Customs & Traditions in Austria
Updated: May 5, 2021
Home> Countries> Europe> Austria> Customs & Traditions
Austrians are generally traditional people.
They are careful and moderate in their behavior.
Being clear and honest is highly valued. Austrians prefer straightforward and direct communication and questions.
Respect an Austrian's personal space. Many value their physical and personal privacy when among strangers. Ask permission before photographing or taking a video of someone.
It is expected that one will knock on doors before entering.
Speaking about personal matters and being more open in body language is more acceptable once you have a well-established relationship with your Austrian counterpart.
Do not think Austrians and Germans are the same. There are distinct differences in culture, customs, and values between the two countries. Some Austrians may have a sense of anger towards Germans. As such, don’t refer to an Austrian as a German, and try not to make comparisons between the two countries.
Neighborly etiquette also has its rules it is important that common areas such as sidewalks, pavements, corridors (in flats), and steps be kept clean at all times by all associated with them.
Presentation and dressing well are also important to Austrians.
Even when dressed informally, they are neat and conservative; their clothes are never showy.
There is sometimes a strict protocol for dressing appropriately in different situations: formal wear for the theatre or a concert and semiformal wear for better restaurants.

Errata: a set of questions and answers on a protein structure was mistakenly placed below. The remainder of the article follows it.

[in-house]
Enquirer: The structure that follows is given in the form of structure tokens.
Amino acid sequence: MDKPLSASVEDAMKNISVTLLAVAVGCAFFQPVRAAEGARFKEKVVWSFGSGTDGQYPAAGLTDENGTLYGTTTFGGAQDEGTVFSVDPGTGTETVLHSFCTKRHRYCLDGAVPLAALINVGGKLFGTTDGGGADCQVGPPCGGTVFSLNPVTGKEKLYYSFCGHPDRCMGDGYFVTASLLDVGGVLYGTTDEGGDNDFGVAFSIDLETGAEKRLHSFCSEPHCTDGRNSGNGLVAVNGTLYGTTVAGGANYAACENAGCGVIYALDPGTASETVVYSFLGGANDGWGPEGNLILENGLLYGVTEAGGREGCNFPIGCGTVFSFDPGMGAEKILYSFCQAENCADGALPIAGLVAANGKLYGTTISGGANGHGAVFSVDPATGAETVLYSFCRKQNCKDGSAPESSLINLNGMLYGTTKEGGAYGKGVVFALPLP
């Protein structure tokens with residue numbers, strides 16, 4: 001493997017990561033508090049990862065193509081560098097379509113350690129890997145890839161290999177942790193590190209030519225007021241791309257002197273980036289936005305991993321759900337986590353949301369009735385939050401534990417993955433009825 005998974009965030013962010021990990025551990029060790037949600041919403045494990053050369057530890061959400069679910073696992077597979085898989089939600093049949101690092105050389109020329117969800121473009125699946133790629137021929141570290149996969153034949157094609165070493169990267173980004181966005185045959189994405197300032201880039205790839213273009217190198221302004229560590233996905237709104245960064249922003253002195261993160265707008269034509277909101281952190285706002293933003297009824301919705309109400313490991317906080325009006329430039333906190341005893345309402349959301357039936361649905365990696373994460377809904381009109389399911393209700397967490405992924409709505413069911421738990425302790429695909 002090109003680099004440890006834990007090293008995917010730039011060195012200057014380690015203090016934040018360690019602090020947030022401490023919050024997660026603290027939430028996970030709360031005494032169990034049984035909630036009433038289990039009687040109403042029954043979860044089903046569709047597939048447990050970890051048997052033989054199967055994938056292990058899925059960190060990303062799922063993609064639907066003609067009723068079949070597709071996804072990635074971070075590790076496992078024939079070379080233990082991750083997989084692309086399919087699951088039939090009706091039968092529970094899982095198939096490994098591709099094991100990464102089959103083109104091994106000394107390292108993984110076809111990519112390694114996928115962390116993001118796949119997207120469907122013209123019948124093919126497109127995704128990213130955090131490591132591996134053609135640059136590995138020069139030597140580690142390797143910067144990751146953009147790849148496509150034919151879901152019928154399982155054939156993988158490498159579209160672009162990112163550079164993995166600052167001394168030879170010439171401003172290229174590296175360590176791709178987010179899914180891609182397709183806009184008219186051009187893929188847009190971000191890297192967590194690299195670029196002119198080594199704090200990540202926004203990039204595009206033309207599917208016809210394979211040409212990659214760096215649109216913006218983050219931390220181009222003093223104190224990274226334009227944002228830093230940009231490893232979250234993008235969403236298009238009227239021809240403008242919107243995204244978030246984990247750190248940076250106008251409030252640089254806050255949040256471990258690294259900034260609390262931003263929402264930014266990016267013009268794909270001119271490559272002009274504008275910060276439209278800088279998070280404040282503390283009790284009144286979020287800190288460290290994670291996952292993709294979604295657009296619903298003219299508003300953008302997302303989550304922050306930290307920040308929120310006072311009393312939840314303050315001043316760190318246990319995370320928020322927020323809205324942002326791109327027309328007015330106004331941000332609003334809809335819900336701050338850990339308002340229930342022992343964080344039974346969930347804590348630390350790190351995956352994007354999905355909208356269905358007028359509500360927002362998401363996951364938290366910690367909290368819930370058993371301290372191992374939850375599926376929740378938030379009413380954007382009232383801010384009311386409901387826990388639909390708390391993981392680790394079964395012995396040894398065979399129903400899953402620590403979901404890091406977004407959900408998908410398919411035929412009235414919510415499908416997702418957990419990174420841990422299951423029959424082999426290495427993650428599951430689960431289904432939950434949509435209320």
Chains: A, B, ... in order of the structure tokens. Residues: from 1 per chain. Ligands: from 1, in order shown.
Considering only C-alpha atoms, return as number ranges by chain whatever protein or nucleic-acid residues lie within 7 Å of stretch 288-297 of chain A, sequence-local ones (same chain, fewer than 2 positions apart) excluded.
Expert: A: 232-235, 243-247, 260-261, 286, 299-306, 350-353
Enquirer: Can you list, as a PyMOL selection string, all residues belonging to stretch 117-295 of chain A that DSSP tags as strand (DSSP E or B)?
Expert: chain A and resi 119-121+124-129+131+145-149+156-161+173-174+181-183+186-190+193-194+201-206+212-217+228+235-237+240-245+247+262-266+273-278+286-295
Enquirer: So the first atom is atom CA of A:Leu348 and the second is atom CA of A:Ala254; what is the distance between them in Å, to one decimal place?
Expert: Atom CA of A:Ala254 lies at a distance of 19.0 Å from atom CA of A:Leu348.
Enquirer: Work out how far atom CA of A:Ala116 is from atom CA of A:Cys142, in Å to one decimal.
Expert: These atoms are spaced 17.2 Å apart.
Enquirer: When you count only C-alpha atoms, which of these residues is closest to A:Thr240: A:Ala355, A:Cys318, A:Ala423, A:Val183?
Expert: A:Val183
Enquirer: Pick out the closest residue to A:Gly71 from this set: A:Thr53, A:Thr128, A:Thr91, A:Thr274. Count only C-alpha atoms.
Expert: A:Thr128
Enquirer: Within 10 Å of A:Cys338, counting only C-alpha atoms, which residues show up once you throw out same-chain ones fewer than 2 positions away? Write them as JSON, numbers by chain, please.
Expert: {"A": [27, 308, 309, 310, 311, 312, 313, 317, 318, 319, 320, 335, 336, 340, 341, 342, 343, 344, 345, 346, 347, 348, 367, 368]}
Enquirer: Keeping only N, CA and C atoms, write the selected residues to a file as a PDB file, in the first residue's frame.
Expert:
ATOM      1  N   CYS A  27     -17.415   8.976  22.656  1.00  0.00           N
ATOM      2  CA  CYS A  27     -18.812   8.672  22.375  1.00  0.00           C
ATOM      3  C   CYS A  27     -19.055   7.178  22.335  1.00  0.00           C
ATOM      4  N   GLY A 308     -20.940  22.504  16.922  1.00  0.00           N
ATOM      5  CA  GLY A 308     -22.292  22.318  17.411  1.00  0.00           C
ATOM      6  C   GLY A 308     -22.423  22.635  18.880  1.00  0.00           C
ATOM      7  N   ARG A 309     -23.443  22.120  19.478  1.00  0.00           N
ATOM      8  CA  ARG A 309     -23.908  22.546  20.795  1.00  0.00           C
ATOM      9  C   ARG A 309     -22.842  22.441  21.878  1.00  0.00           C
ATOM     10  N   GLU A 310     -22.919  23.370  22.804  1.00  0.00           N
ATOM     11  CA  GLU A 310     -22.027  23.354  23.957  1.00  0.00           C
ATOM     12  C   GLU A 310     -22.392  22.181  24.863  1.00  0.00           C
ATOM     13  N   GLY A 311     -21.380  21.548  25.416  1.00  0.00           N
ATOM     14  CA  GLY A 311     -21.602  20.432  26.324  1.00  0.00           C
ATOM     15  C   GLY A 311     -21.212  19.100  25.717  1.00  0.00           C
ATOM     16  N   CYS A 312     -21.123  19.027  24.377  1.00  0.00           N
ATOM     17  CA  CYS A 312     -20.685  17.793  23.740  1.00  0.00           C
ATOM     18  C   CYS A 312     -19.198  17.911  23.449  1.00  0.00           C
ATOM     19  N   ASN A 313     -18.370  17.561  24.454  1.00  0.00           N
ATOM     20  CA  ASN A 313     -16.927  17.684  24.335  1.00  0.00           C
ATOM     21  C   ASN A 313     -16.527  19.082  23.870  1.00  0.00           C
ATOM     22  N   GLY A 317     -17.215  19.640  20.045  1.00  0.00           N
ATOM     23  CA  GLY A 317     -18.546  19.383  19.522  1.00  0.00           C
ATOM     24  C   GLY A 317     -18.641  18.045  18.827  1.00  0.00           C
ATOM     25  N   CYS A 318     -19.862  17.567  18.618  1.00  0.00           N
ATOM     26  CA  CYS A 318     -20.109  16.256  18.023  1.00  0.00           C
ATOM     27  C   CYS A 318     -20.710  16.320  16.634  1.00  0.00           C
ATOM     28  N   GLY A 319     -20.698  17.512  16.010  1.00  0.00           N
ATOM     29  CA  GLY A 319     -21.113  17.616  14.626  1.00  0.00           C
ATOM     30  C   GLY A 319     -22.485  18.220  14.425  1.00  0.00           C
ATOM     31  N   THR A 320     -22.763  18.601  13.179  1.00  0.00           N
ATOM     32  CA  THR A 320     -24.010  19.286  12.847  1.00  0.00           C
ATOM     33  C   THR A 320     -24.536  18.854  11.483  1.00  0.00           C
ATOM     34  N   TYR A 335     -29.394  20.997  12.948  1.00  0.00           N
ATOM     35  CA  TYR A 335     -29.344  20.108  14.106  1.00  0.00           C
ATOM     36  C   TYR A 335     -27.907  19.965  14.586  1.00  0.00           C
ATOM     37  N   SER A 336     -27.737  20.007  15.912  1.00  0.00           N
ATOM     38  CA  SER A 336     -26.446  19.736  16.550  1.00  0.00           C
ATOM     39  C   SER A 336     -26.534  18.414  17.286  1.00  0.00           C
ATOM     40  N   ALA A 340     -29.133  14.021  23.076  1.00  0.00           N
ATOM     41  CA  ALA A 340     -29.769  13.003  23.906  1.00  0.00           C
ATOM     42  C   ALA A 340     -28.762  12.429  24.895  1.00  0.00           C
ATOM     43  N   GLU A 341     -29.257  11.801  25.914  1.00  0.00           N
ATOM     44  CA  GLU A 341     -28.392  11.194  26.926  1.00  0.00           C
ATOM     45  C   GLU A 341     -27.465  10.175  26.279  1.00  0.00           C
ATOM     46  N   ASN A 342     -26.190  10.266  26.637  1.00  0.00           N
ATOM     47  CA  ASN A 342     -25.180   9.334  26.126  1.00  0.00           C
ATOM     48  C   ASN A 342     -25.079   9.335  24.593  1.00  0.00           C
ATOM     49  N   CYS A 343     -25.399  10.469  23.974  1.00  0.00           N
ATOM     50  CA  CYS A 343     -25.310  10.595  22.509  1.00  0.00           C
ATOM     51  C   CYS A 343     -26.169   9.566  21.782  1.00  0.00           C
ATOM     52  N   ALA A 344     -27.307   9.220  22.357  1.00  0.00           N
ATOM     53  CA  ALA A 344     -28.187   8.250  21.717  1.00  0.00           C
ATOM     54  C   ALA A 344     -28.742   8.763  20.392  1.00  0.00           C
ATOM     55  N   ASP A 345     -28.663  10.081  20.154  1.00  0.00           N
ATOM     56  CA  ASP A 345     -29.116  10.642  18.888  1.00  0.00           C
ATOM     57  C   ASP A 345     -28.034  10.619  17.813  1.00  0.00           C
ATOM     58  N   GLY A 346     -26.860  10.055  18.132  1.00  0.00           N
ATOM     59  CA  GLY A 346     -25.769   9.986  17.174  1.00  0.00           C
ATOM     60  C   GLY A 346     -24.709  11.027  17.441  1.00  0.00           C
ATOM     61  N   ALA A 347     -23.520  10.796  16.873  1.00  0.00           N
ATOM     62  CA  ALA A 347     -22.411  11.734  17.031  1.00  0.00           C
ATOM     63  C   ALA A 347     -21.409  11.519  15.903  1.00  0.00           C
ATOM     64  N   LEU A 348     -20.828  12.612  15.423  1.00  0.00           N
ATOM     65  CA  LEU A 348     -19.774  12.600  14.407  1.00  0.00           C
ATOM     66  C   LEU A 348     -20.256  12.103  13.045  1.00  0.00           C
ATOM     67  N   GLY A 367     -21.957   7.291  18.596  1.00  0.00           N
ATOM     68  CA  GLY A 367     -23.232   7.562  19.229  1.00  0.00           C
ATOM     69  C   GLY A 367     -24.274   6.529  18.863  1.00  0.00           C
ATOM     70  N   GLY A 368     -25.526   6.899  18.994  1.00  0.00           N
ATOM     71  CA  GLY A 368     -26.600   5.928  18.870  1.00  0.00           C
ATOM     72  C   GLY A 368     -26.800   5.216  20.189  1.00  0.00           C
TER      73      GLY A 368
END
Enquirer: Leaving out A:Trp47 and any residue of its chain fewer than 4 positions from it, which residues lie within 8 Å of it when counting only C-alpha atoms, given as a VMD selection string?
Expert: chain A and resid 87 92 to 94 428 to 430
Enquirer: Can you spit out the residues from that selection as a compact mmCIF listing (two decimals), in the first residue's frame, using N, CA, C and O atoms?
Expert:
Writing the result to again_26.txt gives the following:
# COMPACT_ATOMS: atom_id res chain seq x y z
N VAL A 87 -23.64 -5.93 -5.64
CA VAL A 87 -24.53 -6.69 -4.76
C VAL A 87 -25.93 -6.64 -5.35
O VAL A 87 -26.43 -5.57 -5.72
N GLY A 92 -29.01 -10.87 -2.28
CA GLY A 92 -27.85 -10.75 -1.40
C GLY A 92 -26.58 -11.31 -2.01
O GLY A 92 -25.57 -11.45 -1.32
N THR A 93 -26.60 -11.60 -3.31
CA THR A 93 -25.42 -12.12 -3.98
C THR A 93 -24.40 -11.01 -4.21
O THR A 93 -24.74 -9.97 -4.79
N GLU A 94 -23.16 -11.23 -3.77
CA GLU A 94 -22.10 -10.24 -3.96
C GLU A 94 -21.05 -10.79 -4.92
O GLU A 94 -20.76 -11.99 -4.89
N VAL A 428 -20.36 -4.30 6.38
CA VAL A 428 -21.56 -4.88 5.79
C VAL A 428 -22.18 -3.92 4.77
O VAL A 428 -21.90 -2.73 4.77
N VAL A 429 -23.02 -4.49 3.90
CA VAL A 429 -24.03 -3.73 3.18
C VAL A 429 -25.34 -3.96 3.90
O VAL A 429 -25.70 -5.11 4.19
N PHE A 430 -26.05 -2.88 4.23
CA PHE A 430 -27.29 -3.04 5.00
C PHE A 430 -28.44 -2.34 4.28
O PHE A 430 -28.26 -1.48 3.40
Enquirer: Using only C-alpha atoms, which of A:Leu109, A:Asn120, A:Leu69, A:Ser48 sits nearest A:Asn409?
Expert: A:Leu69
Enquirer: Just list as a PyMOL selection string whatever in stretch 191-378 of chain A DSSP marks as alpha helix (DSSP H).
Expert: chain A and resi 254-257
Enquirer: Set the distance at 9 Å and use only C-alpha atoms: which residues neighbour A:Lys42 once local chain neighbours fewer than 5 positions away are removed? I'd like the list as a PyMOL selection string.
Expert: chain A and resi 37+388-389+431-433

Some high-level events may have a dress code and will turn away patrons who are not dressed properly.
A good conversation topic is Austria's regional diversity. Austrians enjoy talking about their home region. Many feel a sense of belonging to their region of birth, even if they left many years ago. Also, show a sense of admiration for Austria's natural beauty and landscapes.
Austrians generally have a love for gaining knowledge and learning. Show an interest in learning about a topic your Austrian counterpart is passionate about, and likewise, feel free to share your thoughts on topics of interest.
As for much of Europe, WWII is a sensitive conversation topic, especially for elderly individuals, speak sensitively and neutrally. The younger generation is more open to such discussions.
The family forms the basis of the Austrian social structure.
The family is generally small consisting of the parents and one or two children, extended families tend not to reside together, largely due to limited space in housing and the wide availability of childcare options.
But in rural families, they are typically larger, with two to four children, they tend to live near the extended family, and will often rely on their family network to help raise children.
Weekends are generally devoted to family acti